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<p>Cancer patients, nurses, doctors, advocates and scholars will gather Nov. 6-8 on the Indiana University School of Medicine campus to explore how stories about cancer have affected perceptions about the illness.</p>

Cancer Stories: How Telling the Tale Impacts the Illness

“Cancer Stories: The Impact of Narrative on a Modern Malady,” is a free two-day medical humanities symposium based on the premise that narratives about cancer have shaped the human and institutional response to cancer in America. Prose, poetry, performance and the visual arts constitute and their role in the perceptions about cancer will be discussed.

The program will included presentations of cancer stories by physicians, nurses, patients, artists, and advocates to explore how the cultural meaning of cancer has shaped the human and institutional response to it.

“Cancer Stories” speakers and their topics will include:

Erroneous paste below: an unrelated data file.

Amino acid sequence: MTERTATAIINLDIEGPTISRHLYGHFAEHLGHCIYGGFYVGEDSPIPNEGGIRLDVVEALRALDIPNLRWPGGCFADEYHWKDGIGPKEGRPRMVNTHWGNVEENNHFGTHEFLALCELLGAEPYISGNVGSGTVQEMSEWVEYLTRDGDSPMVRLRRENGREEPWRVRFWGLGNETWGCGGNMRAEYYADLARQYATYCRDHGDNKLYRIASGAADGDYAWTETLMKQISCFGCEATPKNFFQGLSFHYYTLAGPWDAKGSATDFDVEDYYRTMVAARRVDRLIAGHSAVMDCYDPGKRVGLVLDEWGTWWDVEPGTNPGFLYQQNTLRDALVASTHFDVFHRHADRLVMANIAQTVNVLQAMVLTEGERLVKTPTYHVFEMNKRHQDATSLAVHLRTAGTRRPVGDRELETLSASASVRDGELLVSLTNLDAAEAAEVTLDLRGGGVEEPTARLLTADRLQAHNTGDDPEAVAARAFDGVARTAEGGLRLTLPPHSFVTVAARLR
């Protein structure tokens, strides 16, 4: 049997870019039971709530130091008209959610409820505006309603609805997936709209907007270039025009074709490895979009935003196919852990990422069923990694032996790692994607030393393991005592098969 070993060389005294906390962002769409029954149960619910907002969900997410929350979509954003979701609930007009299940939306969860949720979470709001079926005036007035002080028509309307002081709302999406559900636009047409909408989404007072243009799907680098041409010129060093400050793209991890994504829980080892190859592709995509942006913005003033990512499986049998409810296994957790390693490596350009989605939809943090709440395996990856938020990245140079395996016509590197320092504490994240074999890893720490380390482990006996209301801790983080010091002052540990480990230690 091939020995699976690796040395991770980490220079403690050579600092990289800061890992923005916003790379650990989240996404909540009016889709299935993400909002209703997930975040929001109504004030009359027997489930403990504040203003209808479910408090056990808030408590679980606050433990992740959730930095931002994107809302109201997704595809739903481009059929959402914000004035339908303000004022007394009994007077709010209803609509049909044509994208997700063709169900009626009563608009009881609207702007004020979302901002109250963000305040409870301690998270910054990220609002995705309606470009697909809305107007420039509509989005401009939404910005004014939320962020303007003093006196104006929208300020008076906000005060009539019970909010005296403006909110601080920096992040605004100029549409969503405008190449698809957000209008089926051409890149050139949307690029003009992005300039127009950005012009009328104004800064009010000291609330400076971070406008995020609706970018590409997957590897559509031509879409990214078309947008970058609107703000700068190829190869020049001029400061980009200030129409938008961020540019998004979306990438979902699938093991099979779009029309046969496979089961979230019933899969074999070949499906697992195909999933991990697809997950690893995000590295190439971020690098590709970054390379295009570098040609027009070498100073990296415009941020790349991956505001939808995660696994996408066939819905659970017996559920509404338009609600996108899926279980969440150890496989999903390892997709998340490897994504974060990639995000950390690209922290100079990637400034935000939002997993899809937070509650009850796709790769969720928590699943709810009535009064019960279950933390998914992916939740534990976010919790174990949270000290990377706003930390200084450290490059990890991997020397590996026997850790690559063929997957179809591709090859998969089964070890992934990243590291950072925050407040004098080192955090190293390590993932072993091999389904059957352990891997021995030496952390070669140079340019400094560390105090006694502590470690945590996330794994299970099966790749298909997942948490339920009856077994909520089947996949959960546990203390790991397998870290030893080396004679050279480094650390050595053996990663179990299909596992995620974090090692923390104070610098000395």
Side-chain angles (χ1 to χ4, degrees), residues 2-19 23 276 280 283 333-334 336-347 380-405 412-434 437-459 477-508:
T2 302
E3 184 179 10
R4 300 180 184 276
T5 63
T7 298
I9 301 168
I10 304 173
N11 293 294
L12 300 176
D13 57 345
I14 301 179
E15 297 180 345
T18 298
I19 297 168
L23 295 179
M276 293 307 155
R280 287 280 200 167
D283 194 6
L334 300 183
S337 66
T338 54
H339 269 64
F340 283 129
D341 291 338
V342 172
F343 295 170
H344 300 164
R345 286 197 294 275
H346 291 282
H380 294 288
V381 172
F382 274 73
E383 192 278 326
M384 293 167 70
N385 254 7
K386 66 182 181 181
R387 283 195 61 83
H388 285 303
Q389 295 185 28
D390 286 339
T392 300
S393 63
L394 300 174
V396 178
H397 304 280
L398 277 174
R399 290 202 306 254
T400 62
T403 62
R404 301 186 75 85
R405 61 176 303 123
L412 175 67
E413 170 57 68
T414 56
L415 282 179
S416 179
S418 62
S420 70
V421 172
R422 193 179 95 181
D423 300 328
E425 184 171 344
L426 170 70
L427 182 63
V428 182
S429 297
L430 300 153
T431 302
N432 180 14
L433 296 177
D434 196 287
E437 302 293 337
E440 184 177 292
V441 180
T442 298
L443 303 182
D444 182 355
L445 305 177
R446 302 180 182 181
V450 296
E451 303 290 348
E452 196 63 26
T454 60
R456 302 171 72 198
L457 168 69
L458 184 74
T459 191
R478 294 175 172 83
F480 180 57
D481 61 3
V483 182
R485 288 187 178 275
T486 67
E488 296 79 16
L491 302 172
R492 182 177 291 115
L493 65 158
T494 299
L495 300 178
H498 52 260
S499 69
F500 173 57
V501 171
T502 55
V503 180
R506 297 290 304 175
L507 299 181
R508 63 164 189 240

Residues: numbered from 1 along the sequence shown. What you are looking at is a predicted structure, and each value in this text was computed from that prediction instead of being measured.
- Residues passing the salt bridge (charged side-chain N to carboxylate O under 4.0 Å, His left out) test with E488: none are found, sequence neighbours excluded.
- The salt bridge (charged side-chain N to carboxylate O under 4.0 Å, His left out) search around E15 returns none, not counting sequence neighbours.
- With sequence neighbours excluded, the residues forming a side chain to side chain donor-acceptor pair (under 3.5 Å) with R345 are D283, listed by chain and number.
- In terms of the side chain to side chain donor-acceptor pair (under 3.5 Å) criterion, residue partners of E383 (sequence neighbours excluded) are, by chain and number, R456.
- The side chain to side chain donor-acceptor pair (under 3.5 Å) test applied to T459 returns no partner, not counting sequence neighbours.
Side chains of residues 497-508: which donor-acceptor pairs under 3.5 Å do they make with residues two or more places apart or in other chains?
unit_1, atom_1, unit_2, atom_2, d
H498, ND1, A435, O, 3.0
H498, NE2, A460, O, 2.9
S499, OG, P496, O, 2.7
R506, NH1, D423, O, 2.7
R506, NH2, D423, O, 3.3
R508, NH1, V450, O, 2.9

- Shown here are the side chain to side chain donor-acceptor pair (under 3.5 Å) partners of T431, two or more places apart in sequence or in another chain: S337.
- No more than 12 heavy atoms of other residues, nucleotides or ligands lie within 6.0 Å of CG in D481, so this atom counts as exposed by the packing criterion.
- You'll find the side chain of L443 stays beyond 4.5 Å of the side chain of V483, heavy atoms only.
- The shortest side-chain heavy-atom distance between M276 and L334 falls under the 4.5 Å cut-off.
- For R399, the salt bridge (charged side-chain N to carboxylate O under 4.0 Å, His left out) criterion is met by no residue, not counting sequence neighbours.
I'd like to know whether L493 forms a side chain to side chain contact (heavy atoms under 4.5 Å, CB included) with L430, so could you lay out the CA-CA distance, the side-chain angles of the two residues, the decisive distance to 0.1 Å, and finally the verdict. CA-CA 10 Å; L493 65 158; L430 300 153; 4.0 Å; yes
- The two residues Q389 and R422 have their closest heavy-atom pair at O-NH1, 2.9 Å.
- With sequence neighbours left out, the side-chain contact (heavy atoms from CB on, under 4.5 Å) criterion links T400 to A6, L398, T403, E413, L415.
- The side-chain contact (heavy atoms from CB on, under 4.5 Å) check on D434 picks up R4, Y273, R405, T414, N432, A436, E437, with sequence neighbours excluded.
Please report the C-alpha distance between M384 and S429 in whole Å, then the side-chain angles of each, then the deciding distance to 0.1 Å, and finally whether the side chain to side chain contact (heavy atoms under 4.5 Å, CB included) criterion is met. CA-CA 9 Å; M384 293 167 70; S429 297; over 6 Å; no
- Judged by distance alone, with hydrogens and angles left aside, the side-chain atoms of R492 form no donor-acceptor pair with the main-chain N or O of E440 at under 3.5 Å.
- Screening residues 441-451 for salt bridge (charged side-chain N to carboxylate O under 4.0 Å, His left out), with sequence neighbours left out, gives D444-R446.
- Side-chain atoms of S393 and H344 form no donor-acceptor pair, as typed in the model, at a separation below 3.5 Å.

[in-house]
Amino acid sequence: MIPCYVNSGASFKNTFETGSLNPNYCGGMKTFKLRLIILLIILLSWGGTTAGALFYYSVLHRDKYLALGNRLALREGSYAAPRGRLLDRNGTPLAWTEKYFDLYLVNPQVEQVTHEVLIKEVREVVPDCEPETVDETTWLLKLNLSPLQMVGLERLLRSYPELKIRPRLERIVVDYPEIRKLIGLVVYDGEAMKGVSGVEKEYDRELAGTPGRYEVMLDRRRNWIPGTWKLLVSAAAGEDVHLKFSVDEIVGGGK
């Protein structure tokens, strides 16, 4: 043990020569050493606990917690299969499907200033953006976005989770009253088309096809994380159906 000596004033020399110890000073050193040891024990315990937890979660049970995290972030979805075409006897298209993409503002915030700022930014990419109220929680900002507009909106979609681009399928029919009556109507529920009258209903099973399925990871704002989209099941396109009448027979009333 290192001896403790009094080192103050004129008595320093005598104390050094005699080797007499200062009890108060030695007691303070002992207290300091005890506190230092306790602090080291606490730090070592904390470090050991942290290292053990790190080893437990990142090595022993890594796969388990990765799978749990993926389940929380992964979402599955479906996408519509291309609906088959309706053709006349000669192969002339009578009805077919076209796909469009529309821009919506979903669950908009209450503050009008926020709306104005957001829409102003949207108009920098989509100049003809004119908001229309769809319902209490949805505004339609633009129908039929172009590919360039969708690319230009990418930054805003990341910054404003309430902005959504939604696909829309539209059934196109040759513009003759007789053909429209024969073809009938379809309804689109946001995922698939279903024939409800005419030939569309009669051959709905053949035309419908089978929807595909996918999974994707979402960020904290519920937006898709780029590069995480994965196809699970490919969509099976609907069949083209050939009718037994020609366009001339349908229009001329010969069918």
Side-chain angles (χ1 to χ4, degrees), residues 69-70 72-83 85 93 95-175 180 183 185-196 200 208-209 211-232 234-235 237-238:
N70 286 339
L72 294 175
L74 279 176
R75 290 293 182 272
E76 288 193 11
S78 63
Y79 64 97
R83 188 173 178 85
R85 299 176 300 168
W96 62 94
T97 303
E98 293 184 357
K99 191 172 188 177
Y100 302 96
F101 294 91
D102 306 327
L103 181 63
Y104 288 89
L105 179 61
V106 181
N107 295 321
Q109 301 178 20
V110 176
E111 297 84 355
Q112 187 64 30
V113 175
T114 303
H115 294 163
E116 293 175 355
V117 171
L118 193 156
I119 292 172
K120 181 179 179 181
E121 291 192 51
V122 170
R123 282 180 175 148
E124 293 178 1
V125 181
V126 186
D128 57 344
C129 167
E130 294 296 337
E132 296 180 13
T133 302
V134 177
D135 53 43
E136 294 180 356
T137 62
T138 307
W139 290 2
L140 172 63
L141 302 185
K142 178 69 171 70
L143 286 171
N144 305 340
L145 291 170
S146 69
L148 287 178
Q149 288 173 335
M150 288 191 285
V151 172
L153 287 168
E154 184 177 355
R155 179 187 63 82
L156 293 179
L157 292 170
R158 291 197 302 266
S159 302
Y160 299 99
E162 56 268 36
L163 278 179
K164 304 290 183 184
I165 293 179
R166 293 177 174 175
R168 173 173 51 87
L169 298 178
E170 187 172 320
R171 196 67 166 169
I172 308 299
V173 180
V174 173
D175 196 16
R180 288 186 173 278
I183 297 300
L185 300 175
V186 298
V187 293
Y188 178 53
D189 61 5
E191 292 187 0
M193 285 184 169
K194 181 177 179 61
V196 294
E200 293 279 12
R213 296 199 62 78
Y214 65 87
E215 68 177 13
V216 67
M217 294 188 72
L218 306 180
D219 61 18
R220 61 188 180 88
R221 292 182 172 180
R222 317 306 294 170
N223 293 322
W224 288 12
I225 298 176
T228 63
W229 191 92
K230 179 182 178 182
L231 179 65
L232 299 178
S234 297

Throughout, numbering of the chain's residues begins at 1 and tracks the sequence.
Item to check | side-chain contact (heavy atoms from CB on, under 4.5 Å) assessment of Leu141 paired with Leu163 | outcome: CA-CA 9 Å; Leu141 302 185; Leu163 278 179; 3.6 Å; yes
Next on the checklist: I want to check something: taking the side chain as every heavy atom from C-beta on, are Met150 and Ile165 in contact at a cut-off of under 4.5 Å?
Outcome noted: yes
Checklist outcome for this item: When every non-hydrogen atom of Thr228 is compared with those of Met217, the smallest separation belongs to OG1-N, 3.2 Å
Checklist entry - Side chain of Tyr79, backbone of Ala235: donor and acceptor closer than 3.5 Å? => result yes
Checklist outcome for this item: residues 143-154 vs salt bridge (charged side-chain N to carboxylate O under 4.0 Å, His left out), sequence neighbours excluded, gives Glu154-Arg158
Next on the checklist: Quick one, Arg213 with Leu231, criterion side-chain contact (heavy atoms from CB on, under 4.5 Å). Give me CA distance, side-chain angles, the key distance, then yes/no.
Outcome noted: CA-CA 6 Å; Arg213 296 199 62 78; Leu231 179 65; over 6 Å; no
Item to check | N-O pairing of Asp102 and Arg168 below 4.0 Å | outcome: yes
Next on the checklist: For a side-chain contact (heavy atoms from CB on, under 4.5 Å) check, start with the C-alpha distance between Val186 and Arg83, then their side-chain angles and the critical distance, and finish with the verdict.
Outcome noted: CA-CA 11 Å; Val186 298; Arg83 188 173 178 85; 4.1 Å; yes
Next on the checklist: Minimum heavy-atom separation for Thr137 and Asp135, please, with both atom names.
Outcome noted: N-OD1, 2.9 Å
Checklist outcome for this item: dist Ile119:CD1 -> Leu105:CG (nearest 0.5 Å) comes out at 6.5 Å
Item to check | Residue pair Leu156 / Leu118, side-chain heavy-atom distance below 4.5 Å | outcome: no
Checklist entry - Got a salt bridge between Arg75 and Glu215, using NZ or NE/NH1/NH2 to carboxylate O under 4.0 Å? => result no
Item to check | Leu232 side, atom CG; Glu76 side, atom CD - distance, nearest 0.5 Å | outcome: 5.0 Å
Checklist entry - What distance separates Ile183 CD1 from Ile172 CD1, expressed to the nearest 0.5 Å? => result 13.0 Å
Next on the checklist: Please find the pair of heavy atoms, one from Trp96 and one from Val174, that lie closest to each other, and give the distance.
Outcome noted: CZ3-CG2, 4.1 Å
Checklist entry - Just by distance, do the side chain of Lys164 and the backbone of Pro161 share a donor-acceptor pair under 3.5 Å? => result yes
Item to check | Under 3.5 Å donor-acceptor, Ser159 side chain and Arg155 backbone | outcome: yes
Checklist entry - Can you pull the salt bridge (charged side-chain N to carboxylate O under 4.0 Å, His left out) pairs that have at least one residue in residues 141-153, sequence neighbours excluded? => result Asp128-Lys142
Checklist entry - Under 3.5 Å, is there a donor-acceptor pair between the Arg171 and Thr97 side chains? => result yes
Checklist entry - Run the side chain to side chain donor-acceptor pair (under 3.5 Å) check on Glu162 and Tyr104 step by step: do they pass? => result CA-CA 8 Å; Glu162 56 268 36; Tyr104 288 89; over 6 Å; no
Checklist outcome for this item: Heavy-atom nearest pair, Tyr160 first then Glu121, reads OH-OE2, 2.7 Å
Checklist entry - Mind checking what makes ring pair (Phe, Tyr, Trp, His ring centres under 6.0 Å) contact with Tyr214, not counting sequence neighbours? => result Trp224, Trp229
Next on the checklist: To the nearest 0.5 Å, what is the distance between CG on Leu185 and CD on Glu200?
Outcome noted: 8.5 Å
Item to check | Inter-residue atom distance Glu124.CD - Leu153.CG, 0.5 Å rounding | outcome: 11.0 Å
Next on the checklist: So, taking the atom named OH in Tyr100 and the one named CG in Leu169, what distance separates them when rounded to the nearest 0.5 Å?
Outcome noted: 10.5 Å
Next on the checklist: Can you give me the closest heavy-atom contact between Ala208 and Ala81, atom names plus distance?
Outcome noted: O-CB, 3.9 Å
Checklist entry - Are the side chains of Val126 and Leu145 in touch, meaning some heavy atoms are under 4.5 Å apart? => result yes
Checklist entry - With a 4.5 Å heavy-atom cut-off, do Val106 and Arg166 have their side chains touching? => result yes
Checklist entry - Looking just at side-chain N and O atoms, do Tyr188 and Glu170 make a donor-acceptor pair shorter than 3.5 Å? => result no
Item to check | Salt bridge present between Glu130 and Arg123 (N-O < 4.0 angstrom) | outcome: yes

• David Cantor, deputy director of the Office of NIH History, “Choosing to Live: Cancer Education, Movies, and the Conversion Narrative in 20th Century America”
  • Arthur W. Frank, professor of sociology at the University of Calgary, Ontario, Canada, “Telling Your Story: Narrative Illness in an Age of Authenticity and Appropriation”
  • Martha Stoddard-Holmes, associate professor of literature and writing studies, California State University, “Cancer Comix: Narrating Cancer through Sequential Art”

An independent documentary film, “A Lion in the House: The Transformative Power of Storytelling at End-of-Life” will be shown and other breakout sessions are included covering everything from scar photograph to the metaphors of living.

The event is sponsored by the Indiana University School of Liberal Arts at IUPUI, the Indiana University Department of Medicine and the Indiana University Melvin and Bren Simon Cancer Center.

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